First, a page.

Princess Aouda: Mr. Fogg, why must you be so British?

Fogg: Madam, l am what l am.

Inspector Fix is getting a little impatient. The way he sees it Passepartout is the lynchpin to Fogg’s whole operation. If he can get him out of the picture and delay Fogg he’ll have enough time to wait for a warrant… or something. I’m not really sure what any character’s motivation is. Well, except for Passepartout. That boy is a playa!

So Inspector Fix gets Peter Lorre to shanghai Passepartout and stick him onboard a steamship literally bound for Shanghai. Fogg is now stuck in Hong Kong and the detective has a casual conversation with him.

Next scene: Fogg and the princess are on a junk bound for Yokohama. I’m not sure what the detective’s plan is here but the film maker’s plan was to put Passepartout in China on his own and watch him bow at people and do weird culturally awkward things.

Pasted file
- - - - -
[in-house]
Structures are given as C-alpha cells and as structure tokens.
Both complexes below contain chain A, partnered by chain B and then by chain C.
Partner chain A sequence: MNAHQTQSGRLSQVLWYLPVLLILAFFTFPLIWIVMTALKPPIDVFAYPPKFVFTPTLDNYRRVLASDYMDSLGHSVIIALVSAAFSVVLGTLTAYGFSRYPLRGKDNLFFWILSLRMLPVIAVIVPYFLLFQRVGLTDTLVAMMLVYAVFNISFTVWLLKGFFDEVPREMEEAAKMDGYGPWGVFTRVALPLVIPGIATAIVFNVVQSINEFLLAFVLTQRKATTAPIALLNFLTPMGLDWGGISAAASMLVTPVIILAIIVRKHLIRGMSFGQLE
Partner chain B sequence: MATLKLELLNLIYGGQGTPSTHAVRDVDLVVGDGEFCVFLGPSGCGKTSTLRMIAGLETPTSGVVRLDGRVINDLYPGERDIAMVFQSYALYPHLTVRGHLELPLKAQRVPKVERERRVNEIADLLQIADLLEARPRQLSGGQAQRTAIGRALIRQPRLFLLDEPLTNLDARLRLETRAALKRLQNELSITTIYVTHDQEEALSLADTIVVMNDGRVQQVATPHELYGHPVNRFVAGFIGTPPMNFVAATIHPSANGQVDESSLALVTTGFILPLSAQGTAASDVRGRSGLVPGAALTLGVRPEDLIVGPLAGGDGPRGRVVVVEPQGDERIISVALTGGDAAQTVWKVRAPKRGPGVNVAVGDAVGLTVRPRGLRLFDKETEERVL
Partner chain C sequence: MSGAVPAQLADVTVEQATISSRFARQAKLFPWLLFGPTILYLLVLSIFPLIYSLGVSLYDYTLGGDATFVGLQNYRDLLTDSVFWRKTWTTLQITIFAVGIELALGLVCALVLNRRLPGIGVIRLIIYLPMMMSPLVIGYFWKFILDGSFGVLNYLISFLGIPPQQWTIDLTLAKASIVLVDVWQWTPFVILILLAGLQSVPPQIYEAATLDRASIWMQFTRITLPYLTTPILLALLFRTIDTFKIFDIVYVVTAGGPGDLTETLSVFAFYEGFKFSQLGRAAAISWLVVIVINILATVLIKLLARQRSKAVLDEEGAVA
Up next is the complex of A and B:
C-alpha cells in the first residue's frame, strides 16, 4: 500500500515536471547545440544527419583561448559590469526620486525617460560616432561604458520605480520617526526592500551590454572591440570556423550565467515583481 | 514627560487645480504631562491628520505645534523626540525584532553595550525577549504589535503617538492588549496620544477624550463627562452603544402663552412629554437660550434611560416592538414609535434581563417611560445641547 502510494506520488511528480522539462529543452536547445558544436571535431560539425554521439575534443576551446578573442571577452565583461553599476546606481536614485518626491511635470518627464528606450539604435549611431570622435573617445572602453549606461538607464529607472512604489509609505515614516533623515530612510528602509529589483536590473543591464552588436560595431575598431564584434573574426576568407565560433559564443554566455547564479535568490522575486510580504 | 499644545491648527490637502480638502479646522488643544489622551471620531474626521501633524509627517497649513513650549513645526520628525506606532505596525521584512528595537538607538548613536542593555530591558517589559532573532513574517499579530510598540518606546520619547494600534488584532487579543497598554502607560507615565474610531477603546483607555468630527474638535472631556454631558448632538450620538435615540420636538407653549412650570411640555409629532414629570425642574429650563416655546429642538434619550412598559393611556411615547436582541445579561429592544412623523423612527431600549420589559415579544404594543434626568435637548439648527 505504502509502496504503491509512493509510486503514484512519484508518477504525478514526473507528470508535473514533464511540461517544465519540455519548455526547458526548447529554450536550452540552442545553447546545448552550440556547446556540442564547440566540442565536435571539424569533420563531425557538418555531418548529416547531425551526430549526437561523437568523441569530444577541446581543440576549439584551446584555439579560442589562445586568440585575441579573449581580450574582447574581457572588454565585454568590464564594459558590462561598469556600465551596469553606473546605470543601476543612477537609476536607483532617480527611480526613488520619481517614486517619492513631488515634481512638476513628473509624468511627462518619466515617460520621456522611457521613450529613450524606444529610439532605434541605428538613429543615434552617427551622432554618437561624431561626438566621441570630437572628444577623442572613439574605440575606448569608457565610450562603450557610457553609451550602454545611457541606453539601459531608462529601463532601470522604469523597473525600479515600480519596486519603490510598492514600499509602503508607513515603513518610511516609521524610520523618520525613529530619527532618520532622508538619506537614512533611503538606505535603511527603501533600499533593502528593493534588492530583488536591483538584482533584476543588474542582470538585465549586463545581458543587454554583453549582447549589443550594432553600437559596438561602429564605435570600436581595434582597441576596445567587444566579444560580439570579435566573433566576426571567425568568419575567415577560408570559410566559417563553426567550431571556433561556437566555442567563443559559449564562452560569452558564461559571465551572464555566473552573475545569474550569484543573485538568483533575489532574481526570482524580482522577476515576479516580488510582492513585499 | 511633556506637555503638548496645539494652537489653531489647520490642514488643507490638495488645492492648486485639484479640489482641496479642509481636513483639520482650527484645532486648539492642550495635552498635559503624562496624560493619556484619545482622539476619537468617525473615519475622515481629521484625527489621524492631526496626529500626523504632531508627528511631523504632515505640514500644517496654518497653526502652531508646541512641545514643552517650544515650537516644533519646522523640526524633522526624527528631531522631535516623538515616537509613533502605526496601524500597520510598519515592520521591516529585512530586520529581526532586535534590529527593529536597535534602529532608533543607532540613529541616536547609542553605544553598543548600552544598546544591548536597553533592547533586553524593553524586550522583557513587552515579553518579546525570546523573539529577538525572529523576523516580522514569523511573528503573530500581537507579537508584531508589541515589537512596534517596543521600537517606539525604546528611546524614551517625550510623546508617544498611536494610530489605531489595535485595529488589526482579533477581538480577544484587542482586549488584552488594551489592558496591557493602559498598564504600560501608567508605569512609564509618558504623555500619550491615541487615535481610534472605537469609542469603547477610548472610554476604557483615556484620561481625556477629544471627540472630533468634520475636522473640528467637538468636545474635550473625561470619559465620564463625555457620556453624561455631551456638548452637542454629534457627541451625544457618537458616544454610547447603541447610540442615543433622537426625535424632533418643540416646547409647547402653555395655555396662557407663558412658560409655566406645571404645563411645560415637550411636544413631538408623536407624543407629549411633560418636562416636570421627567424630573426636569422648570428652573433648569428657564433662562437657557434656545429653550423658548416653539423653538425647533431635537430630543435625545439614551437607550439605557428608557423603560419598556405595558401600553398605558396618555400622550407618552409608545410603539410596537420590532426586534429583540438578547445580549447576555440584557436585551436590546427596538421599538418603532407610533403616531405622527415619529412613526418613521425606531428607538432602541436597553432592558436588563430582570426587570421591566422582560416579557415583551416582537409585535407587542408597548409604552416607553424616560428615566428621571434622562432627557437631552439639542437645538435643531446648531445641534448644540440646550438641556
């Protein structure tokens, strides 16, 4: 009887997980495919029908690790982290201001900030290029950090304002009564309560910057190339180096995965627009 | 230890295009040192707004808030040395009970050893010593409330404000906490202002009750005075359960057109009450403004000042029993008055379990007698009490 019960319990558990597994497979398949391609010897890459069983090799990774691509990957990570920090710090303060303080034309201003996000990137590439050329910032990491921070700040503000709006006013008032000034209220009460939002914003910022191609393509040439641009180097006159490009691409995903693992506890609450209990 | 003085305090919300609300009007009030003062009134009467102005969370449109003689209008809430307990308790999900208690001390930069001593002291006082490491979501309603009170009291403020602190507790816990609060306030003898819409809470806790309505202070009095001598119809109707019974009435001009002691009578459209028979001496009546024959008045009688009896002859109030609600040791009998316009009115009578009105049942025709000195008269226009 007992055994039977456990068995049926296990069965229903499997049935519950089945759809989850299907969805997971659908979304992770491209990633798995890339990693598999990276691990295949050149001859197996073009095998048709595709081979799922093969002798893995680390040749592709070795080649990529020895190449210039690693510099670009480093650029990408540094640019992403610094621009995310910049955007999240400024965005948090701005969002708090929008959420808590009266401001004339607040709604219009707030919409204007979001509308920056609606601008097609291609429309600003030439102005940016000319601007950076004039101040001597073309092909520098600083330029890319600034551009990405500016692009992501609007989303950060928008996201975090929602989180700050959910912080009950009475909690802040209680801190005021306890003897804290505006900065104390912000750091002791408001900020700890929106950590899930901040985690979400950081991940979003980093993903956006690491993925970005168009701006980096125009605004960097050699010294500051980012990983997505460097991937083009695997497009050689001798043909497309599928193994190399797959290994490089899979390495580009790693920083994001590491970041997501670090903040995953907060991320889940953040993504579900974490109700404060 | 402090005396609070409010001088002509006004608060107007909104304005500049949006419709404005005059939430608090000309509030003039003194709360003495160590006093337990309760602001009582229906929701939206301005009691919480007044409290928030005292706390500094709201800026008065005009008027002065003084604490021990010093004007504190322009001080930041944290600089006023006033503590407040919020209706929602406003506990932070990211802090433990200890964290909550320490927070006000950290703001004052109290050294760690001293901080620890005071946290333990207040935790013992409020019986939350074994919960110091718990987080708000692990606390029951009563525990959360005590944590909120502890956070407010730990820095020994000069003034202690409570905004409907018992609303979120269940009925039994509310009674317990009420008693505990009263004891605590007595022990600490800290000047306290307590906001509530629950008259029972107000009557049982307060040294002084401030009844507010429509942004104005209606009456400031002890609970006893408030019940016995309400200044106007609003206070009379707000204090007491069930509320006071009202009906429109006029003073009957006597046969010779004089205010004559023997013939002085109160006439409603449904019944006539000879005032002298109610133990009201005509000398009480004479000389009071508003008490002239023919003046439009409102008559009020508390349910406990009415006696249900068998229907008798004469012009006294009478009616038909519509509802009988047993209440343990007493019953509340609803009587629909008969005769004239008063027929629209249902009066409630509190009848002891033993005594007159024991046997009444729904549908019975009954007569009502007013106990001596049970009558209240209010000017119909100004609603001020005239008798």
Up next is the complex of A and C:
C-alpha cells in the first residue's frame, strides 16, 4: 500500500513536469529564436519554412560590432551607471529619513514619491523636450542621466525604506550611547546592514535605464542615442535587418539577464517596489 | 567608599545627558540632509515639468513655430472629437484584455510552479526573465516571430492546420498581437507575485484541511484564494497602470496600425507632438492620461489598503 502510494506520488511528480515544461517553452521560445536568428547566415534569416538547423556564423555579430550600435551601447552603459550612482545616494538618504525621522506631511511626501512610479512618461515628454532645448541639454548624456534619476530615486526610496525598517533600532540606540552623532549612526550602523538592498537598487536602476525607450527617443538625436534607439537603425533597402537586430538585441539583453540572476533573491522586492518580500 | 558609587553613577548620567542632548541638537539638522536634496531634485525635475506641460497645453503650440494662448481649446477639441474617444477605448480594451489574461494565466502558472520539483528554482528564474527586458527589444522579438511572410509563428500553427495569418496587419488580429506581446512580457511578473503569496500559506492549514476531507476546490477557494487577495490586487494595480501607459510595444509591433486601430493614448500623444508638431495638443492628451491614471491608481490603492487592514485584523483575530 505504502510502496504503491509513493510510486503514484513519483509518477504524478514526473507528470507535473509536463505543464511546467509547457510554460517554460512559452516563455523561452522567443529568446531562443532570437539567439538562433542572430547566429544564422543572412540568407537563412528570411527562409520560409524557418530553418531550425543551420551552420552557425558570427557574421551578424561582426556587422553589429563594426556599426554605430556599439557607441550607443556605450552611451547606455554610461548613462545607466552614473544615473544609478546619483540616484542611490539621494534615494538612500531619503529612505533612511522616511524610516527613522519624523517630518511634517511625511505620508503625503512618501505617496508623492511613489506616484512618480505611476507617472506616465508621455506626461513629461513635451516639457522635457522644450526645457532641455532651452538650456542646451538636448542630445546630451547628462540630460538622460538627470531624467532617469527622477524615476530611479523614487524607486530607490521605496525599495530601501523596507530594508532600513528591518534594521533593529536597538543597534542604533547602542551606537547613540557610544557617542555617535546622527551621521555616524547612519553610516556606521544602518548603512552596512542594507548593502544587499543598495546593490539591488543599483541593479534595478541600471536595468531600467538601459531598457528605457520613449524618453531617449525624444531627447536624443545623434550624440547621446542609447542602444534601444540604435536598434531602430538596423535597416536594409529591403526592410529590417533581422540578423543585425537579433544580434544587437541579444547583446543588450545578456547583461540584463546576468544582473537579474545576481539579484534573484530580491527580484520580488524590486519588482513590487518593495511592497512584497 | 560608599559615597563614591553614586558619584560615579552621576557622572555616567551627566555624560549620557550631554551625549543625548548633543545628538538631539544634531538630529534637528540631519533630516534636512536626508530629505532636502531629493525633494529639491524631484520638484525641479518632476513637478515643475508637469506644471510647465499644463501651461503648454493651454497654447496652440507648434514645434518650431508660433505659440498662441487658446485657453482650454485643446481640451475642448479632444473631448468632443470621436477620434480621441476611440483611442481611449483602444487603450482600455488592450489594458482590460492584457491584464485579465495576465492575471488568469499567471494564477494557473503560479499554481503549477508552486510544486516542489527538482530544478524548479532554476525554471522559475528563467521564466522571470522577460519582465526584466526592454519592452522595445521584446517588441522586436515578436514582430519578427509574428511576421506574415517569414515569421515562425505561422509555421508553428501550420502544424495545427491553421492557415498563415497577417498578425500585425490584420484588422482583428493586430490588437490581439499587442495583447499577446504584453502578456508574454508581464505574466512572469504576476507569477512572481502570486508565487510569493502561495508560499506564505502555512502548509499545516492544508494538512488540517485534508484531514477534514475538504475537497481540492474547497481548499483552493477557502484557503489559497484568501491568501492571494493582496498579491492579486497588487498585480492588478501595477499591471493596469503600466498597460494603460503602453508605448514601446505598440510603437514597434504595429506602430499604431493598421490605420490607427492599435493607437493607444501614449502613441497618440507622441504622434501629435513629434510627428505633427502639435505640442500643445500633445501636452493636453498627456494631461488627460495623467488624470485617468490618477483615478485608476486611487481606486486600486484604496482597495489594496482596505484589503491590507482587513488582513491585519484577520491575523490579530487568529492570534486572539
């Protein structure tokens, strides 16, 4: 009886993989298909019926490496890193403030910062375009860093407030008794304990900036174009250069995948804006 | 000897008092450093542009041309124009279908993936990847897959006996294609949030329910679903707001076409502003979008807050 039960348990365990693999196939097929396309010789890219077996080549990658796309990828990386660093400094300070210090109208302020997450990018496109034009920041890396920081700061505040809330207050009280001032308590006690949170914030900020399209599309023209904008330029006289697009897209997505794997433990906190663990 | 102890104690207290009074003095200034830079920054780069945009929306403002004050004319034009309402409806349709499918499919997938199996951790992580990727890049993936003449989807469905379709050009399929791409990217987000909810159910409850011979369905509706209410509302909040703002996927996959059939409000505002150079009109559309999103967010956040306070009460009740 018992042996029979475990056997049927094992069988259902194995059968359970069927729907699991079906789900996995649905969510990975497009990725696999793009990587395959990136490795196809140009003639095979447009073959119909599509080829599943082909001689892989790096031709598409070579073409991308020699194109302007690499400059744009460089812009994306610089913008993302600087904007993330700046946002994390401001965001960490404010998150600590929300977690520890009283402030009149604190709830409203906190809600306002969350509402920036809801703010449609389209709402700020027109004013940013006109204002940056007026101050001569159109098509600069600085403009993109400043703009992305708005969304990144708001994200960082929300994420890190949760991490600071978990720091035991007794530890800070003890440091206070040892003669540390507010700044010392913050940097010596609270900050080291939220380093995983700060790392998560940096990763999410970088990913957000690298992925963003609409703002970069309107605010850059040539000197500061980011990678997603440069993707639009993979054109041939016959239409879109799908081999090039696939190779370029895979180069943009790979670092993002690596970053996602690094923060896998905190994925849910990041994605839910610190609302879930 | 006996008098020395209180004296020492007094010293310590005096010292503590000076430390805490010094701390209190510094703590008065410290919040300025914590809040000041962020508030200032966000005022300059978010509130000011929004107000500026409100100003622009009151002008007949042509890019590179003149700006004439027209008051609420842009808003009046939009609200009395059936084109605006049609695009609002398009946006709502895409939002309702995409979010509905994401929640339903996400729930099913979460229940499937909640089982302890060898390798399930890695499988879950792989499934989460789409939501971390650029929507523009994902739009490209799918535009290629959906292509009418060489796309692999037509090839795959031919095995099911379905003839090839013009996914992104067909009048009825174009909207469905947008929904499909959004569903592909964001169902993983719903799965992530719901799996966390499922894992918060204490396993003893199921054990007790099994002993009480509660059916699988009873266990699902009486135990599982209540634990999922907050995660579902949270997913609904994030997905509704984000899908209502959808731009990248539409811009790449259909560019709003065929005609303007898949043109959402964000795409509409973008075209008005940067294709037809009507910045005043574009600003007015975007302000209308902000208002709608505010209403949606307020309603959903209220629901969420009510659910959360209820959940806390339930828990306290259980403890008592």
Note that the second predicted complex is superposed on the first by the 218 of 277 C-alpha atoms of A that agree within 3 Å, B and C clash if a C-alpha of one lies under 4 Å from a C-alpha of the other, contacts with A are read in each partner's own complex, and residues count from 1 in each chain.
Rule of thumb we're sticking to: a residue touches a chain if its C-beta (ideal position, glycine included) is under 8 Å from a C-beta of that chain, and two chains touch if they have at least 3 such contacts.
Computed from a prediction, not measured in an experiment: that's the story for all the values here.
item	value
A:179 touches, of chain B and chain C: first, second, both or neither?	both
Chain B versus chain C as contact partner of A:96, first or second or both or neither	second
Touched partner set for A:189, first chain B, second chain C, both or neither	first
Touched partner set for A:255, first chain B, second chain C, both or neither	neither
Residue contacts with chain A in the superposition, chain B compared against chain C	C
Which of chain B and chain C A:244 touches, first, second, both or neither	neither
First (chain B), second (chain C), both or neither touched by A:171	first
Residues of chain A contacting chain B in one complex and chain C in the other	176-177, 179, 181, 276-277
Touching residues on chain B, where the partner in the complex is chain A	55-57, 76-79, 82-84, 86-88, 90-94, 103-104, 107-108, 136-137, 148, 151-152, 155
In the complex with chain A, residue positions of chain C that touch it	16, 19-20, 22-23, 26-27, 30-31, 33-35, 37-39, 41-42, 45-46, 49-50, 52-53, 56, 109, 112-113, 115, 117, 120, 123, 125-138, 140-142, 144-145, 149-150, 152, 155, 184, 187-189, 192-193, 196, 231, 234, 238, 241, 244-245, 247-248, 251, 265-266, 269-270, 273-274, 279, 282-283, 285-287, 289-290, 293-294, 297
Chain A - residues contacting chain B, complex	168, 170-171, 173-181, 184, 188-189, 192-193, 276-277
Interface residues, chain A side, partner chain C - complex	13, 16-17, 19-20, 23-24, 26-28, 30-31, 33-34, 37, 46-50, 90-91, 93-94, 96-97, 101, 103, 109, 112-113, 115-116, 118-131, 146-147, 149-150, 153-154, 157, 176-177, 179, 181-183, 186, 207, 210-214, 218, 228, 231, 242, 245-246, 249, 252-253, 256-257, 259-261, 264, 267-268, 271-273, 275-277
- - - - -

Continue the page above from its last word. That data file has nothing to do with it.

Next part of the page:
Passepartout in China! (coming this fall to FXX)

Oh no… Passepartout just walked into a circus. *groan*

OMG… Passepartout is for some reason performing in the circus. Good gravy!

Fogg’s junk (and I mean his Chinese sailing vessel) has stopped off in Shanghai (ok… sure) and he just happened to walk into the circus where Passepartout was performing.

I really, really hate this movie.

“Rue Britannia” #4 quickly followed by “Rue Britannia” #5.

Intermission. Sweet Lord Jesus, there’s still another hour.

Suddenly Fogg is in America. I know this because not only do we see a sandwich board sign that says “Fogg in America” but back in England one Beefeater says to another, “He’s in America.” And in case you weren’t sure the score plays “Yankee Doodle.” So… America then?